Ad Reinhardt (2008)

This is the first study of the American artist Ad Reinhardt to provide an account of all major aspects of his life and work. From the outset, my research on Reinhardt has been motivated by a desire to make sense of everything that seemed to be out of place or left out. Rather than mine the certainties that cluster at the heart of what might be called the orthodox view of Reinhardt, I have chosen to examine the anomalies and marginalia that pepper the artist’s life and work. These are treated alongside Reinhardt’s undeniable achievement as a painter, in an effort to add a beginning and middle to the story of an artist’s life and work that is most often presented to us as a foregone conclusion.

From the review by Alexander Adams, published online in The Art Book, vol. 16, no. 2 (2009):
“It is fitting that Ad Reinhardt’s paintings, employing the finest gradations of near black, are not illustrated in Michael Corris’ new study of this under-regarded painter. These images (bane of printers and designers for decades) occupy the heart of this study, as they must for every study of Reinhardt, but they only truly exist when experienced first hand. As the author notes: ‘The “black” paintings constitute a radical reinvention of the art of painting owing to the sheer novelty of the paintings’ unfolding optical effects’.

What is slightly more regrettable is that none of Reinhardt’s cartoons are included in his unillustrated volume, though his sardonic graphic ‘explanations’ of art are well known and can be tracked down in non-specialist volumes. The author’s thorough research has uncovered much information about Reinhardt’s early years as an activist in the New York art scene of the 1930s and 1940s, often in relation to the artist-run organisation, American Abstract Artists. What this study reveals is how overtly political his activities were: production of anti-fascist montages before the Second World War and pro-USA–USSR-friendship propaganda after it, in addition to working on Communist publications. These connections later caused him trouble in the McCarthyite 1950s and he felt they held back recognition owed to him for his abstract paintings. His first major retrospective in America, which took place in 1966, the year before his death, was certainly later than those of his colleagues.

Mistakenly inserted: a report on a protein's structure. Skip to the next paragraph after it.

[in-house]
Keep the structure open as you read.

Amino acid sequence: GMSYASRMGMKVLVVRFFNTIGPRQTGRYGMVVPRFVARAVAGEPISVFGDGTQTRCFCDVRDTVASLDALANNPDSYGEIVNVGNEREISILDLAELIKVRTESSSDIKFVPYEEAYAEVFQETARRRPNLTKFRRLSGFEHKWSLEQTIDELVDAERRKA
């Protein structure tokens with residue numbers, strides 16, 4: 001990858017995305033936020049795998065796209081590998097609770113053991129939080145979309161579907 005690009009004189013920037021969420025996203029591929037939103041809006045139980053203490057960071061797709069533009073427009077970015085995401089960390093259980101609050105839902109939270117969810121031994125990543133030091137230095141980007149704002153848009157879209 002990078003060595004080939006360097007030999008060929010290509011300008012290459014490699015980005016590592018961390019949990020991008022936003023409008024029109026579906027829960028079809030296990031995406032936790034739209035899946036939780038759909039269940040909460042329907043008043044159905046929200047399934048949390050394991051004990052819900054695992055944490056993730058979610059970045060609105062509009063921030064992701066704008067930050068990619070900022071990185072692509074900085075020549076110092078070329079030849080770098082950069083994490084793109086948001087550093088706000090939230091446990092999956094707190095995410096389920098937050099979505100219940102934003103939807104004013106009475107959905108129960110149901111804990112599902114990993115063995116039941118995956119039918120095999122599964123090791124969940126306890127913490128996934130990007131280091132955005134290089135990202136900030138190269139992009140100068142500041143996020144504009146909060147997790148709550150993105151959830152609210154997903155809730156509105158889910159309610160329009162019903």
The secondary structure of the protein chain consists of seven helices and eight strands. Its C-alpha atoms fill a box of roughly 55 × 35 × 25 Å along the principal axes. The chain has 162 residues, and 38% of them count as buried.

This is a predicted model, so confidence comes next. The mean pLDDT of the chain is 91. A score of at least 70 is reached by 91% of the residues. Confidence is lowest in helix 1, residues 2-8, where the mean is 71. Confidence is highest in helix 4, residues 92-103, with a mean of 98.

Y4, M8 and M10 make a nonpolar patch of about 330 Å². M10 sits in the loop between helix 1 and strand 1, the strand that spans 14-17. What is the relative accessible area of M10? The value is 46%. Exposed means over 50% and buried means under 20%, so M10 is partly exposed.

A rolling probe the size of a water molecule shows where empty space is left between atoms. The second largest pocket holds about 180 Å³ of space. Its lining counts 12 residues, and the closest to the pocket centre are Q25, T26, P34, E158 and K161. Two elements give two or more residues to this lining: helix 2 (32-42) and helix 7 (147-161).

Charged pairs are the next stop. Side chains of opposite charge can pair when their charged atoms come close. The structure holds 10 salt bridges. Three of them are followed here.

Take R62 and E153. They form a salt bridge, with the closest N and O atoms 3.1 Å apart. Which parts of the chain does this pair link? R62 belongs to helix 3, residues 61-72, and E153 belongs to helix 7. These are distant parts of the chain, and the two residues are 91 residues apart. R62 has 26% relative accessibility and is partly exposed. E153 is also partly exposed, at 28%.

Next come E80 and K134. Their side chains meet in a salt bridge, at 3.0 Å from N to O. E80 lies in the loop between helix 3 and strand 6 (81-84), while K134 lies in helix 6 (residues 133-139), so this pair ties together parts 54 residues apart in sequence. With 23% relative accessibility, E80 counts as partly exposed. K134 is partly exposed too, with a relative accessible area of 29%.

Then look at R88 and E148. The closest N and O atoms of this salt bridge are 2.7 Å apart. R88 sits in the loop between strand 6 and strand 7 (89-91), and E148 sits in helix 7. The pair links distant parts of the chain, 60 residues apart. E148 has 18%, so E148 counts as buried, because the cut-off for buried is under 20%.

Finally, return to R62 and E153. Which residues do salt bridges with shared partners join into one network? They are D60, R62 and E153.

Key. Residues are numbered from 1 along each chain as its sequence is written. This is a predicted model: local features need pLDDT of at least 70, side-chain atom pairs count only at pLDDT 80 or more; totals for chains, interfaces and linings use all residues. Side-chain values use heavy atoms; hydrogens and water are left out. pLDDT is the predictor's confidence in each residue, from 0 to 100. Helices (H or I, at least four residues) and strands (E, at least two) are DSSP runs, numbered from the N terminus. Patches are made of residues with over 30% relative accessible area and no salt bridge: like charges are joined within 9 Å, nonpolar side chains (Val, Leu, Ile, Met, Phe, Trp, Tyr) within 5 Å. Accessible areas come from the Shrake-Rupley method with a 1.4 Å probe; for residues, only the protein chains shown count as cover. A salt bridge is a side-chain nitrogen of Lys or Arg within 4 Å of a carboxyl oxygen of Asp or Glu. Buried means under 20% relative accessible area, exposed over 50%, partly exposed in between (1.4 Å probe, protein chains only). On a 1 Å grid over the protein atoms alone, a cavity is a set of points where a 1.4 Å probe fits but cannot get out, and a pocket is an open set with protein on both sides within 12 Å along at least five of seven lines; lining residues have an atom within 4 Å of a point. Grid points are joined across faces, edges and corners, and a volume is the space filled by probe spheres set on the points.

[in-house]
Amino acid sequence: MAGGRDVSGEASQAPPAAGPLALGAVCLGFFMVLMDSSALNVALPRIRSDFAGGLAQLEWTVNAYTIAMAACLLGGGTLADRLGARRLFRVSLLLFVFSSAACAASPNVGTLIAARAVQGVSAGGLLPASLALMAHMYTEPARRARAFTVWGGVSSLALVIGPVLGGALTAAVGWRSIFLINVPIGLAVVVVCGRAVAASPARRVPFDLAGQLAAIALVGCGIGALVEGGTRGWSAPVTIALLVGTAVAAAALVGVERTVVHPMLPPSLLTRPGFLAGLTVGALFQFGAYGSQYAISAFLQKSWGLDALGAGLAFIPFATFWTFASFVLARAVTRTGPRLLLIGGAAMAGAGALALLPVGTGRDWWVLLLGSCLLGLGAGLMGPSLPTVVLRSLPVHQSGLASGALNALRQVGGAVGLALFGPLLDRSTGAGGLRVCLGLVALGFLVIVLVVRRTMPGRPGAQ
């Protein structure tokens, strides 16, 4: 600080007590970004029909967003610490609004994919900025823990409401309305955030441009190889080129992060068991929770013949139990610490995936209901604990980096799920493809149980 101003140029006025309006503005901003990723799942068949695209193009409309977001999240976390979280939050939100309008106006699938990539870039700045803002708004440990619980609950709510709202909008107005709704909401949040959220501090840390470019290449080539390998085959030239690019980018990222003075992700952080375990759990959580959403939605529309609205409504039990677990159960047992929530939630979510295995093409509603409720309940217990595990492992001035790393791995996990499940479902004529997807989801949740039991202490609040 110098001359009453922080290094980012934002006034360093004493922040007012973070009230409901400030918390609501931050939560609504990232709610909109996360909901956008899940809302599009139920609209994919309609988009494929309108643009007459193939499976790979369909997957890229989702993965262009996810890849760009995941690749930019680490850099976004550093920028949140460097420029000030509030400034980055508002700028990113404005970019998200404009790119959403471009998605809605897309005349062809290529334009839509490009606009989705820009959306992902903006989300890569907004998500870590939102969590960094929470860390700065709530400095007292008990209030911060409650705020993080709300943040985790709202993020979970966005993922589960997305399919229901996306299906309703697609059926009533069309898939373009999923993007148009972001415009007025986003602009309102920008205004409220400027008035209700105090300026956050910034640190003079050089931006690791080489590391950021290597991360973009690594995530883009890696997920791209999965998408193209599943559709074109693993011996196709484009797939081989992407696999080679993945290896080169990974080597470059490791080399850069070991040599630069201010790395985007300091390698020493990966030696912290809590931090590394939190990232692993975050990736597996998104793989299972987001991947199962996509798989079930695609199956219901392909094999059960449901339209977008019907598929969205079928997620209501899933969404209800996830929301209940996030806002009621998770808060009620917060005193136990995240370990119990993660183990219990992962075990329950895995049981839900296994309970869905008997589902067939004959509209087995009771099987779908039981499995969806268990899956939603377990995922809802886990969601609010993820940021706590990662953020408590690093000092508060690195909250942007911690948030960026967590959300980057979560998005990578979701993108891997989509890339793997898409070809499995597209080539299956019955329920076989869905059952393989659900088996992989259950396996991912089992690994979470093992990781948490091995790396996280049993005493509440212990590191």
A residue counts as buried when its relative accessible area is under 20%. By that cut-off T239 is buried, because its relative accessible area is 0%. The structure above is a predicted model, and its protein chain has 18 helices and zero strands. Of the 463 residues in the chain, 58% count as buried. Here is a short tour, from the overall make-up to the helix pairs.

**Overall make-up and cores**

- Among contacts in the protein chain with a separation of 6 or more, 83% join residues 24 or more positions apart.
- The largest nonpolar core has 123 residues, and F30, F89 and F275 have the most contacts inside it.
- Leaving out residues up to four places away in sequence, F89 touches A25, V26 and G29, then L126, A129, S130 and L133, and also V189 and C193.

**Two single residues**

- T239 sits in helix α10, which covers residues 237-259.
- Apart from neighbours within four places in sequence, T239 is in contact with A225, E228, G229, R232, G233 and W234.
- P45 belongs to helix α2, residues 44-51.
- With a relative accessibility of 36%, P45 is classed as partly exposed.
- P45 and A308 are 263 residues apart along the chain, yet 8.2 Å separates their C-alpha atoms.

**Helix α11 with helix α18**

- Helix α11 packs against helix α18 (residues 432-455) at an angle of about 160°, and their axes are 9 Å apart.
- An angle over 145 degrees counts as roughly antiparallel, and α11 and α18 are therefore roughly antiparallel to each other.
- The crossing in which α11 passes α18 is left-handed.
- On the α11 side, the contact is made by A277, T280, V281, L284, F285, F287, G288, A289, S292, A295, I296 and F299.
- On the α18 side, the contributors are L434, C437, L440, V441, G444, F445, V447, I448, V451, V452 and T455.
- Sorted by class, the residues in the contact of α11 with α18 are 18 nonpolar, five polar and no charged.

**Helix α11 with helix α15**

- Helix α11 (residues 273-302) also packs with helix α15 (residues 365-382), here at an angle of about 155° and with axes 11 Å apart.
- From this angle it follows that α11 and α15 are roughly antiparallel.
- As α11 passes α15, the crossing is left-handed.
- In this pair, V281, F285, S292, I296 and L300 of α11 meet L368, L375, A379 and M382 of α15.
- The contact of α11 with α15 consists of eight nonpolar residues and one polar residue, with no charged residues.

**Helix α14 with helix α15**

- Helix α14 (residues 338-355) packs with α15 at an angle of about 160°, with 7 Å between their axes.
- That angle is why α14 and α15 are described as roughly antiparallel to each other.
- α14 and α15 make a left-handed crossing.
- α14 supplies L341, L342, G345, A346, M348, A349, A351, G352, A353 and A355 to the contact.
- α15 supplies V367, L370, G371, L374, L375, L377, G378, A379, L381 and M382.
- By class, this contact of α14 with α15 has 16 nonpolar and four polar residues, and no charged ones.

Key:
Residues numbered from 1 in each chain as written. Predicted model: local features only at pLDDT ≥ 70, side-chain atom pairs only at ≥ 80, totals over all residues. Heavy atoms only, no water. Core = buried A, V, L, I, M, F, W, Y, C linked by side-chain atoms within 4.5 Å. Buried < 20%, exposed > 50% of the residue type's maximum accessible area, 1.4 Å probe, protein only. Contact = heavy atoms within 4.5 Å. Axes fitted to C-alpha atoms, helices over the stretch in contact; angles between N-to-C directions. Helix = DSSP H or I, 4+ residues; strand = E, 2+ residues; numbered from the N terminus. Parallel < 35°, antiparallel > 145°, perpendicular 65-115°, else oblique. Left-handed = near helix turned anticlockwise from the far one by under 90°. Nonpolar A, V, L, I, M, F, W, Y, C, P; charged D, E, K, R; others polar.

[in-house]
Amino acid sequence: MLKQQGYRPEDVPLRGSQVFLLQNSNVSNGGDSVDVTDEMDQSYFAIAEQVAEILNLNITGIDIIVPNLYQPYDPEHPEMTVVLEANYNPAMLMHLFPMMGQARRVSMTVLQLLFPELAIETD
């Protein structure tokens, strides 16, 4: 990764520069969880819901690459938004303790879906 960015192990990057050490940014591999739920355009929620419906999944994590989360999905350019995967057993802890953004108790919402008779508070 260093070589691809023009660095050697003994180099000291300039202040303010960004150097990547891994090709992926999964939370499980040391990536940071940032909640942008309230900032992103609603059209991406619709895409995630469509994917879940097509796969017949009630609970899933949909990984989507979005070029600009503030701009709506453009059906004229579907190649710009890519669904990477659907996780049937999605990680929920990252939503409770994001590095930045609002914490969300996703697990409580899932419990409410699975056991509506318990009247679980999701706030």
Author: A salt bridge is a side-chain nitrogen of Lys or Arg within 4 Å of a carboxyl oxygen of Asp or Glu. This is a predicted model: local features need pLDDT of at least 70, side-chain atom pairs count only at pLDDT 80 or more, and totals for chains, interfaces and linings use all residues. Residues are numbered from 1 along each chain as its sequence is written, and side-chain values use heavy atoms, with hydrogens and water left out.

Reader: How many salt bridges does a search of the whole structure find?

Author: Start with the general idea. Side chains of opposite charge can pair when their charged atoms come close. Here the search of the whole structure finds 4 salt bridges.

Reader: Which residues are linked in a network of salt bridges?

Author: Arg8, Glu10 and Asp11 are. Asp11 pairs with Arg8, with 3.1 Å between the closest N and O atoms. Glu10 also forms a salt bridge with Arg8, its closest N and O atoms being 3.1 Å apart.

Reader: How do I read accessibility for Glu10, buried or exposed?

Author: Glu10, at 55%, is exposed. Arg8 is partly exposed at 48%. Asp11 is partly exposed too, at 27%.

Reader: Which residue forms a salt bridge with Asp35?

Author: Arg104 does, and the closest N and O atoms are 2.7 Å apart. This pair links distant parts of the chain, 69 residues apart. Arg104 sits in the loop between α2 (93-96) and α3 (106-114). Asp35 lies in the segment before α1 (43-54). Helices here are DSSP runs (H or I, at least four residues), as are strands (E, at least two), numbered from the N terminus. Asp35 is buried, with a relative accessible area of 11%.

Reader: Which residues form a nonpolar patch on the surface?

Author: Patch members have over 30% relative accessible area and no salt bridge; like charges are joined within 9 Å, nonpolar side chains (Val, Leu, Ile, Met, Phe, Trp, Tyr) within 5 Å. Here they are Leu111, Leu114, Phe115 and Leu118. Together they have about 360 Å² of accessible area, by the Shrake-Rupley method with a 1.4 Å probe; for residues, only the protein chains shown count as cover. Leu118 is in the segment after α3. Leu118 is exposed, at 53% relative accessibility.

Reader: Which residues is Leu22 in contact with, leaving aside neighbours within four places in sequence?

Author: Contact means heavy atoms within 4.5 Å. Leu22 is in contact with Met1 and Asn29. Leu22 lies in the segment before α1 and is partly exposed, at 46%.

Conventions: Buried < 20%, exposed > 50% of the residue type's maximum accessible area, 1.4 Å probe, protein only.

Something noteworthy is how painstaking trawling of microfiche and old journals has not stilted the author’s firsthand response to the ‘black’ paintings, which are actually very dark, matt grey. His observations of the perceptual effects of the art are enlightening and pertinent, as is the discussion of Reinhardt’s engagement with Christian and Zen Buddhist thought.

It is interesting to compare Reinhardt and Rothko. Reinhardt seemed to relish an aura of asceticism and eschewed the use of assistants – in contrast to Rothko’s acclamation, financial success and use of assistants. Reinhardt described his work as ‘art for art’s sake’ in contrast to Rothko’s aspiration to convey ecstasy and doom. This lack of a ‘moral’ dimension was sometimes deemed nihilism, despite the painter’s description of his paintings as ‘pure, … timeless, spaceless … disinterested painting – an object that is self-conscious … ideal, transcendent’. His project drew admirers from the younger generation of Minimalists and Conceptualists, rather than the old-guard advocates of Abstract Expressionism. He was apparently about to commence working in film at the time of his early death (aged 53).

Though this book has its origins in the author’s PhD thesis (over 50 pages of footnotes and sources are included, as well as a chronology and index), it is extremely readable and could have been a comfortable read over twice the length. Let us hope that when further exhibitions and studies of Reinhardt are undertaken, Michael Corris is invited to contribute. The furtherance of art history depends on scholars such as he being willing to get their hands dusty on our behalf.”



Reaktion Books

University of Chicago Press (North American distributors)

Interview with Joan Waltemath/Brooklyn Rail

Irving Sandler’s response to interview with Joan Waltemath

My reply to Irving Sandler

Review of exhibition of Reinhardt at Pace Gallery, NY

Review by Rachel Chatalbash of Ad Reinhardt

Reply to Chatalbash

Other texts on Ad Reinhardt